But first, a story. A dear friend of mine, himself a canon lawyer and a consultant on liturgical law, shared with me an experience of his at a meeting of English-speaking liturgists and canonists with the Congregation for Divine Worship and Discipline of the Sacraments in Rome. Representatives of the United States, Canada, the United Kingdom, and Australia were present.
At the meeting--there were twenty-five or so present--one of the officials of the Congregation was rattling off a list of liturgical abuses he'd heard of. Once, such-and-such happened. Again, this-and-that took place. He was visibly upset. And he should have been.
One of the participants raised his hand, "Excellency, this is all very terrible! But, where is this happening? We've never even seen such things!"
The laundry-list of liturgical abuses continued. A second participant raised his hand, "Your Excellency--we really don't understand. We've never heard of such things happening in our province."
The official of the Congregation pressed on with his denunciations. Finally, a third participant intervened, "Excellency, we really don't know what to say. None of this happens in my diocese. Where are these awful things taking place?"
The official was visibly annoyed, but the point was clear: When it comes to liturgical abuses, it's more urban legend than documented fact.
Another colleague of mine, the Director of Liturgy for a bishop at a major See in the western United States, has recounted innumerable stories of being sent by the bishop to investigate an alleged liturgical abuse, only to report that none was taking place, or at least admit a rather minor infraction. And this one chastised me for ranking Peter Elliot's Ceremonies of the Modern Roman Rite over the Ceremonial of Bishops! It's a burn I'm still recovering from...
This isn't to say that liturgical abuses do in fact take place. I've seen silly stuff happening at the Call to Action services. But I've also seen major infractions of the GIRM on Eternal Word Television Network's televised Masses. And believe me, Deaf people have an eye for detail, and it is difficult for even minor variations to escape my attention.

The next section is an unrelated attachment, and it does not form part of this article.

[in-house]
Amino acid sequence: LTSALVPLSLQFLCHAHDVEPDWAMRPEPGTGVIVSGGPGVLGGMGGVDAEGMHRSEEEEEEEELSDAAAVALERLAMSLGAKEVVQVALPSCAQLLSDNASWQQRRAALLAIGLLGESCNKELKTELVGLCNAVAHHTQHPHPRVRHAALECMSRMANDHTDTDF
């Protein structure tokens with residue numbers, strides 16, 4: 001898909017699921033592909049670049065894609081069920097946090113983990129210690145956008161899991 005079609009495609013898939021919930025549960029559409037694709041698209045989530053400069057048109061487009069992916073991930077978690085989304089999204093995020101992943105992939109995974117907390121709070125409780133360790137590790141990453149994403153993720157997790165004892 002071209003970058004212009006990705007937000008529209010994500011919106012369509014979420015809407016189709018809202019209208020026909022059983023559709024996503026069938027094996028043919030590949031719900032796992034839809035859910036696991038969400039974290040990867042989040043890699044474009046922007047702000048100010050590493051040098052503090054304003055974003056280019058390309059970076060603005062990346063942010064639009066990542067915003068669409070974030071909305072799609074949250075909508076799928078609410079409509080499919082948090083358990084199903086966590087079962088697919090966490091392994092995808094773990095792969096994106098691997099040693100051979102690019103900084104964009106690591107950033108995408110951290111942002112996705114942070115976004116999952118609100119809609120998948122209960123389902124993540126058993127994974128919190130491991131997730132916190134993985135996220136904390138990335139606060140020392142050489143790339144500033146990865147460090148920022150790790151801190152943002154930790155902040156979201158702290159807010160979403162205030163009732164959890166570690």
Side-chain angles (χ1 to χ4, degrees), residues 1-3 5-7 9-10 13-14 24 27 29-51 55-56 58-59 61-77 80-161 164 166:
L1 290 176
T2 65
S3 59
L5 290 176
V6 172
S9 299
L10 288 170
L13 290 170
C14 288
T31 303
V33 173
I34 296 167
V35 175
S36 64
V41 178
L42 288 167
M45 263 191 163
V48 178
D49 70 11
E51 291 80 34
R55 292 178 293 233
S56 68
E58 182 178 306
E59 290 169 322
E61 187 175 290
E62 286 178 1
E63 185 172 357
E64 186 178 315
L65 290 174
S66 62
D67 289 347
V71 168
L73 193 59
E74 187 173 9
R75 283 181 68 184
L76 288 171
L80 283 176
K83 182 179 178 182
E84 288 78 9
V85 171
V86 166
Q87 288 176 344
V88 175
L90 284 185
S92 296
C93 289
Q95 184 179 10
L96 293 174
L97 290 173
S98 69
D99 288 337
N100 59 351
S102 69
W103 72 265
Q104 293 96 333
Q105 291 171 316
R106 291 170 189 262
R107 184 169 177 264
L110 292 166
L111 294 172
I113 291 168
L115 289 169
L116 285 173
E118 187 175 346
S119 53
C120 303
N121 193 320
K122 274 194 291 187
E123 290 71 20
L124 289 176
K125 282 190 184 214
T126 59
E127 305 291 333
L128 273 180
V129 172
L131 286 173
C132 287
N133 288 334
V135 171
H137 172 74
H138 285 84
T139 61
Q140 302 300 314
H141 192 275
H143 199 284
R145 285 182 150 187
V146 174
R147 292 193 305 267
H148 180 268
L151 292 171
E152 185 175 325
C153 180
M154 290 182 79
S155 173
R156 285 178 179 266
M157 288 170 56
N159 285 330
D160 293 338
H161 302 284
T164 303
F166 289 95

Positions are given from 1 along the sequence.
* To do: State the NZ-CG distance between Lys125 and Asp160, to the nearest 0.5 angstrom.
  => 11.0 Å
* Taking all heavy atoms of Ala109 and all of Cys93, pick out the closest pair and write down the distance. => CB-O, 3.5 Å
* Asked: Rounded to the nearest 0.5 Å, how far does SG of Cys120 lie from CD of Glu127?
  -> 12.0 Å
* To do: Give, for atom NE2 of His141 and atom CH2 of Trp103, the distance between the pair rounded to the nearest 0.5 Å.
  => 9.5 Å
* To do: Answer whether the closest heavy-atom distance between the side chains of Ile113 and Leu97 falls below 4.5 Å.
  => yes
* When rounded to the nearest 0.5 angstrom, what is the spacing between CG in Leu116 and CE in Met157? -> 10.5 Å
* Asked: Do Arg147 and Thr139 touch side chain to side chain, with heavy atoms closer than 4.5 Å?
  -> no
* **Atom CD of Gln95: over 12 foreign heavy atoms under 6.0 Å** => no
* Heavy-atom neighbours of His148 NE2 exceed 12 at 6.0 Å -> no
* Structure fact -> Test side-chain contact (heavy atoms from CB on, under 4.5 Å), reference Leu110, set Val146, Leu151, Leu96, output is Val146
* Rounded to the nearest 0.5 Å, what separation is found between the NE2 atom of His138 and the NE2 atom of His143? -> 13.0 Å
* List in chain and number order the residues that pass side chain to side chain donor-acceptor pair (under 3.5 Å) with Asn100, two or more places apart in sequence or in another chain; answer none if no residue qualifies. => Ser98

We should not glibly assume there aren't liturgical abuses taking place in the celebration of the 1962 Missal as well. I see them all the time. Catholics who attend the Extraordinary Form of Mass unwittingly talk of them.But, my friends, abusus non tollit usum. That there are abuses in the celebration of Mass according to the Missal of Paul VI does not warrant either (a) an abandonment of said Missal or (b) a return to the Missal of John XXIII. Attendance at either of these Forms of Mass should arise from nobler reasons.
Anyone who reads the history of the Roman Liturgy can learn very easily that there have been abuses in the celebration of Mass since time immemorial. A history of the Reformation will often show, for instance, that presiders recited the Ave Maria at the Consecration rather than the Words of Institution. Moreover, there would not have been a "liturgical revival" in the decades up to the Second Vatican Council if there were no abuses taking place. For example, Gregorian chant was already in decline until the superb and excellent works of Dom Prosper Gueranger.
Now here's my gripe. Why should those who are partial to the Missal of Paul VI, especially when it is celebrated worthily and in accordance of the Church's laws, be made to feel responsile for liturgical abuses when they do take place? To be sure, Call to Action does a lot of silly things. But so does Eternal Word Television Network. But I won't be held accountable for their actions. Nor will the Missal of Paul VI be held accountable, any more than the Missal of John XXII or the Missal of Pius V be held accountable for the liturgical decline in the period before the Second Vatican Council
It seems to me that the eighties of the twentieth century was the worst time for liturgical abuses. But consider who may have been guilty of such abuse: priests who were formed in the decades prior to the period 1962-1965. Therefore it is precisely a pre-Vatican II formation that was responsible for liturgical havoc, not only formation subsequent to the Council.
And when abuses do take place, it is not the result of the Church's laws and the teachings of the Second Vatican Council; it is because of an ignorance of them. So the Council and the subsequent Consilium cannot be held accountable, only those who fail to assume their own responsibilities in familiarizing themselves with the documents and the legislation.
Again and again: abusus non tollit usum.